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The Texas youth transition law

Children are once again caught in the middle of a culture war over gender

Artillery Row

Texas stands accused of mounting an anti-trans crusade. It follows the Texas governor issuing a directive to the Texas Department of Family and Protective Services (DFPS) to launch investigations into reports of transgender children receiving treatment for gender dysphoria. His directive means that parents could potentially face prosecution for child abuse or have their children removed by social services. 

Who speaks for the child if the parent has got it wrong?

The controversial move comes on the back of Florida’s contentious bill that would ban certain instruction about sexual orientation and gender identity in the classroom, what many media are calling the “Don’t Say Gay” bill. Both interventions go to the heart of the culture wars around LGBTI rights and parental rights, and Republican versus Democratic narratives around issues being leveraged by both political parties for maximum political advantage. As a result, in the US the line between actions that support trans children or that exploit them is increasingly hard to discern, as the UK is experiencing too.

An independent review in the UK has “highlighted that the quality of care for children with gender dysphoria in England has been unconscionably compromised in recent years, partly as a result of adult affinities to an unevidenced worldview,” notes a recent Observer editorial. “Some clinicians and charities continue in their efforts to shut down legitimate debate about the affirmative model. These adults must examine their consciences, because it is children whose care is compromised as a result of their ideology.”

The fracas in Texas began on February 18 with Texas Attorney General Ken Paxton publishing a legal opinion that gender dysphoria treatment — such as puberty blockers and injections of cross-sex hormones — for anyone under eighteen constituted child abuse under existing Texas laws around the likes of forced sterilization. This was swiftly followed by Governor Greg Abbott’s proclamation that also threatened prosecution for any “licensed professionals who have direct contact with children who may be subject to such abuse” — as well as for members of the public — and didn’t report such incidences.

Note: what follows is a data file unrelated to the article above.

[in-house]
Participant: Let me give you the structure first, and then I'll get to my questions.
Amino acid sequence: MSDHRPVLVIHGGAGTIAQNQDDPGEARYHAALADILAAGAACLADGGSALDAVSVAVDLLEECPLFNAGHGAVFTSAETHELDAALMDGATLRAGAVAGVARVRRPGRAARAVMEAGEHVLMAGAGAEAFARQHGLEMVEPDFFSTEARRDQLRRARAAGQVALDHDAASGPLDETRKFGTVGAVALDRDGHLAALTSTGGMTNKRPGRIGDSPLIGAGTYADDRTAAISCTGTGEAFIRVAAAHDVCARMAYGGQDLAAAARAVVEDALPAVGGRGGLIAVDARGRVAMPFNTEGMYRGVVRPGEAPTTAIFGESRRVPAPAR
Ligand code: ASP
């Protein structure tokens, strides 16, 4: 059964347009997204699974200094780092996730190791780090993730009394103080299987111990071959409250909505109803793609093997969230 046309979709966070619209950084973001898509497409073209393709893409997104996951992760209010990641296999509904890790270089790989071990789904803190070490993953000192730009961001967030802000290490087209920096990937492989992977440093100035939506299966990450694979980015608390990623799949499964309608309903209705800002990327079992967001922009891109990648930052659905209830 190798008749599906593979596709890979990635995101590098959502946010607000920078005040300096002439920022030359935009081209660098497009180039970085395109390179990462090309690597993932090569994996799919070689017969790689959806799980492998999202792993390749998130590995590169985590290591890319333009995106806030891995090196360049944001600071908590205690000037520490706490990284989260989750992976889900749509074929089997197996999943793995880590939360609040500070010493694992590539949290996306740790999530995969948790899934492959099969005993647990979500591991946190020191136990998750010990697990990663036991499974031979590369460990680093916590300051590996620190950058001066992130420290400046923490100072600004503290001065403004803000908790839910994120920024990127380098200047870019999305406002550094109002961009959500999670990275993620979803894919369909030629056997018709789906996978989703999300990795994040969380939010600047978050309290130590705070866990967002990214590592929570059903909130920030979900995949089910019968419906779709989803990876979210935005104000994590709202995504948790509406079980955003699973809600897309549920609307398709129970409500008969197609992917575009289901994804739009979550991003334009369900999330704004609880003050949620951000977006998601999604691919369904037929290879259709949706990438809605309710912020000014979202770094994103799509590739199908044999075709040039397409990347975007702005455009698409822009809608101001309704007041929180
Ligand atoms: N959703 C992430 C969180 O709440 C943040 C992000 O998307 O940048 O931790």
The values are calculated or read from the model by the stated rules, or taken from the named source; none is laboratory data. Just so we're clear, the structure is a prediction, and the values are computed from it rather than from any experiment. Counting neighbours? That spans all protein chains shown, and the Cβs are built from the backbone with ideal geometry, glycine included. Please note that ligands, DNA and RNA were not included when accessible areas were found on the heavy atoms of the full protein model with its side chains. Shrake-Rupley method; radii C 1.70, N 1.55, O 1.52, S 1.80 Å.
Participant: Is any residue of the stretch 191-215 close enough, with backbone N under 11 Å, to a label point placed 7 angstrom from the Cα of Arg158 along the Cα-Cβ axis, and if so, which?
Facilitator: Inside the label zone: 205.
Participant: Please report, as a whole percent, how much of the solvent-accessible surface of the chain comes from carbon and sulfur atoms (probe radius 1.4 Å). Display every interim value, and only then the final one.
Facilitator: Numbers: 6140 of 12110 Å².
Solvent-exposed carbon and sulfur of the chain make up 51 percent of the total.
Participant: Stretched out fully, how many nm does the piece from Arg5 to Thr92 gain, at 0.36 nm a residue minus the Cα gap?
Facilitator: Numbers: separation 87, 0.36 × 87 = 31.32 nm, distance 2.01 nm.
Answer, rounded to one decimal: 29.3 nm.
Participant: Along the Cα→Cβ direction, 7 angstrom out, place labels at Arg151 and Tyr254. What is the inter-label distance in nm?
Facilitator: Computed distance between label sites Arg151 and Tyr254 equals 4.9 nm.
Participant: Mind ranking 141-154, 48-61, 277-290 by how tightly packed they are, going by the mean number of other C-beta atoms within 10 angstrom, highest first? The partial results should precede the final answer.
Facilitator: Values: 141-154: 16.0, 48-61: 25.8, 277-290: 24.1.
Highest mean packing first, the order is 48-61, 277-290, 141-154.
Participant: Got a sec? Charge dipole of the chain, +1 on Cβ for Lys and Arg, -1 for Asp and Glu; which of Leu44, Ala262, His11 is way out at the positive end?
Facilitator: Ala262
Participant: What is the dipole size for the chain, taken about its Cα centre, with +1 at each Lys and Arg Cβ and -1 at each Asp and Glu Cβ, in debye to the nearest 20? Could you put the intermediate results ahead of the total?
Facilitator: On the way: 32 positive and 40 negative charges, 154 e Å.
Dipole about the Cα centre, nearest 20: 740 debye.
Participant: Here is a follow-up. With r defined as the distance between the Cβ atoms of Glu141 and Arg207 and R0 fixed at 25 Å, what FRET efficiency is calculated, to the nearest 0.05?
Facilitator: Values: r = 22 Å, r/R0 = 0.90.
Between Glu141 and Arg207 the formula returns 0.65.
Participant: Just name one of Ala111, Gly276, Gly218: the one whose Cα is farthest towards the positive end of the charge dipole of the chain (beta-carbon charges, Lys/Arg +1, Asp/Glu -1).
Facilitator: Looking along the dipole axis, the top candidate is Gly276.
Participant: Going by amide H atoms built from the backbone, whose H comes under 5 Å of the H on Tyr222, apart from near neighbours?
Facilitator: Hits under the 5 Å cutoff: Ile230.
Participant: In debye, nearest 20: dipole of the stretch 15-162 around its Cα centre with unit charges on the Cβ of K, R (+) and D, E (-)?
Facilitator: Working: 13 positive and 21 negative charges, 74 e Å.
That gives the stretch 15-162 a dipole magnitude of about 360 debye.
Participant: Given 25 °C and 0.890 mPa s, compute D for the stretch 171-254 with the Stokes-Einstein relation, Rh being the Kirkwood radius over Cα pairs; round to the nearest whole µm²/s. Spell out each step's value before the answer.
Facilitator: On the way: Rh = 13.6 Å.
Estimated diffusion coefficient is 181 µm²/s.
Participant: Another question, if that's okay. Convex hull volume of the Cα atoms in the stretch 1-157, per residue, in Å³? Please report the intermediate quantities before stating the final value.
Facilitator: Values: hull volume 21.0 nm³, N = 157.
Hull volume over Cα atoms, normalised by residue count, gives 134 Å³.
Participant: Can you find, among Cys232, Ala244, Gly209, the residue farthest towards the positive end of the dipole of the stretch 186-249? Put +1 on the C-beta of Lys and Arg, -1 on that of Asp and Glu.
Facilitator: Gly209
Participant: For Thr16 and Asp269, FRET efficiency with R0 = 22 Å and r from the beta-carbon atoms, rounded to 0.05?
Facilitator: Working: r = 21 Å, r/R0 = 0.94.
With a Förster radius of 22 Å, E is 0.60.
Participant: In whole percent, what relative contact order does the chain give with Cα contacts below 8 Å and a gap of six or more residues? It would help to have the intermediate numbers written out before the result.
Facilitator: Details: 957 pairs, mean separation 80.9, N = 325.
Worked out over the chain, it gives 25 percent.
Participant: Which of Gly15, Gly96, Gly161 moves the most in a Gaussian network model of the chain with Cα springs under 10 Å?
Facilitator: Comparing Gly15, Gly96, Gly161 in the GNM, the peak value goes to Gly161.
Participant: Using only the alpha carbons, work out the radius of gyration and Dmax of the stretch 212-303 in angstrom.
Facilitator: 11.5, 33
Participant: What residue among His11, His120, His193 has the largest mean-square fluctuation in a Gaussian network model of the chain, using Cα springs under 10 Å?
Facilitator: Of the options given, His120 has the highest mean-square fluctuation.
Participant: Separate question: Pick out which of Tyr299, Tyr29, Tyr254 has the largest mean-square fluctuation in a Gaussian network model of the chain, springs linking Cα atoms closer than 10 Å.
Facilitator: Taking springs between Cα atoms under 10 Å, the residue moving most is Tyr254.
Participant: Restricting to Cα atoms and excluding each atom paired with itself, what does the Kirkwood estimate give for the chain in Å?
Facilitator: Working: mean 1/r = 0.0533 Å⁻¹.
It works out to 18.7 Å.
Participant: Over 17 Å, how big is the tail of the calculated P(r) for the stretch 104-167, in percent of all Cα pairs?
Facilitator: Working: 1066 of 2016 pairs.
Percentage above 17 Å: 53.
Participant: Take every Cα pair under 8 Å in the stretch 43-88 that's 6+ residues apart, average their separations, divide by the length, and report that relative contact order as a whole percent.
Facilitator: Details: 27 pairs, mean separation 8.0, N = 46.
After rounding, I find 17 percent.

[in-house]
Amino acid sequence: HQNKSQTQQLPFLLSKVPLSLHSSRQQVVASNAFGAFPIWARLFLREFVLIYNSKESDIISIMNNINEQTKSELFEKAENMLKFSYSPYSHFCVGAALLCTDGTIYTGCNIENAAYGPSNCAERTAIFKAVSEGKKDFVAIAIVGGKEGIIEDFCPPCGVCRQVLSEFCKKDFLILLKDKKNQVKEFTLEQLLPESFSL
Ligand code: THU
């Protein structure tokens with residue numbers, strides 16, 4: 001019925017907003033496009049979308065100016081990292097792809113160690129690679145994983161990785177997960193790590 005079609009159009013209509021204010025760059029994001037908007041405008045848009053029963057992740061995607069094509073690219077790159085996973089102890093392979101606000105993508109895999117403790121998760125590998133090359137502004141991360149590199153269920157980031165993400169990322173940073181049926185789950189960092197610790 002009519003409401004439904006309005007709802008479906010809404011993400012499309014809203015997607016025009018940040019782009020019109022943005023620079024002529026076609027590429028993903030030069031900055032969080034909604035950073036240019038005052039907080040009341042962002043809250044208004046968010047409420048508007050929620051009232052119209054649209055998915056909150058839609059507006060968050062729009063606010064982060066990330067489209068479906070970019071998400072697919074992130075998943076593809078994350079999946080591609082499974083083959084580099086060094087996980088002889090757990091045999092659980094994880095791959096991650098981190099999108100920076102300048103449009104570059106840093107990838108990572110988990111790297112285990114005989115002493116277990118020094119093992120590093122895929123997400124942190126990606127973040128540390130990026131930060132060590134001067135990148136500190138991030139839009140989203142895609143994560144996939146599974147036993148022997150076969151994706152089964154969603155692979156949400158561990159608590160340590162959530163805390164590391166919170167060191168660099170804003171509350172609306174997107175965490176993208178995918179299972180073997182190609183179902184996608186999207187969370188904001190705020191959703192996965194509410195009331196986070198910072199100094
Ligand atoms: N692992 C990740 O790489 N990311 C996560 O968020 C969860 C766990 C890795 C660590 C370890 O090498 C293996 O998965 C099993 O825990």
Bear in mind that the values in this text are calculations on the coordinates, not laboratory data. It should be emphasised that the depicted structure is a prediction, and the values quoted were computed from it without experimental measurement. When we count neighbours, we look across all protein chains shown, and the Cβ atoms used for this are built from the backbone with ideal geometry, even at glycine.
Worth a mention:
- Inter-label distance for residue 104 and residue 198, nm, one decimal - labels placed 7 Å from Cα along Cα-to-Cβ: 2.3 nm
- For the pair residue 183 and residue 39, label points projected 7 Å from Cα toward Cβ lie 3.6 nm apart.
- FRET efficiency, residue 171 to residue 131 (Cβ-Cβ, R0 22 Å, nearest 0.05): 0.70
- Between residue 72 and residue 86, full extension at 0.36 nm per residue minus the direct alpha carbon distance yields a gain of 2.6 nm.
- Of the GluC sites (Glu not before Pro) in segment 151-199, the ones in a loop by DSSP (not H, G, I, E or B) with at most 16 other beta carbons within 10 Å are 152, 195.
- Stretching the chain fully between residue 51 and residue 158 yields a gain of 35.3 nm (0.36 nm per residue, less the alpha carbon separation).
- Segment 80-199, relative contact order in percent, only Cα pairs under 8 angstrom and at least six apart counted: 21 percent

Texas and Florida are run by Republicans and these actions are intended to appeal to the party’s base. But the Florida bill seeks to empower and reassure parents concerned about their children being exposed to LGBTI issues too early. Whereas the Texas governor’s decree goes against parental control and represents a significant — some are even saying tyrannical — intrusion of the State into the parent-child custodian bond.

“Even if you don’t think it should be legal for children to receive this treatment, the idea that a child can be taken out of a loving home is [totally] wrong,” says Katie Herzog, the host of the Blocked & Reported podcast that parses hot-button issues generating cantankerous polarisation and confusion. “Once you’ve entered into the foster care system it’s really, really difficult to get out of that system — no kid should be put in that position.”  

Paxton is embroiled in various controversies

In the capital of Texas, Austin, a liberal and Democratic Party-voting city — which usually puts it at loggerheads with the state’s Republican overseers — the actions by Paxton and Abbott have not gone down well. Some Texans I spoke with called out the “hypocrisy” of the Republican Party for interfering in people’s lives in such a brazen way when the party claims to stand for “traditional Texan libertarianism” and “getting the government off my back”.  

“Liberty — with the exception of sex,” was one Austinite’s conclusion on how far the Republican Party’s notion of libertarianism went. “Some people hear ‘trans’ and it scares them — politicians will use that fear.”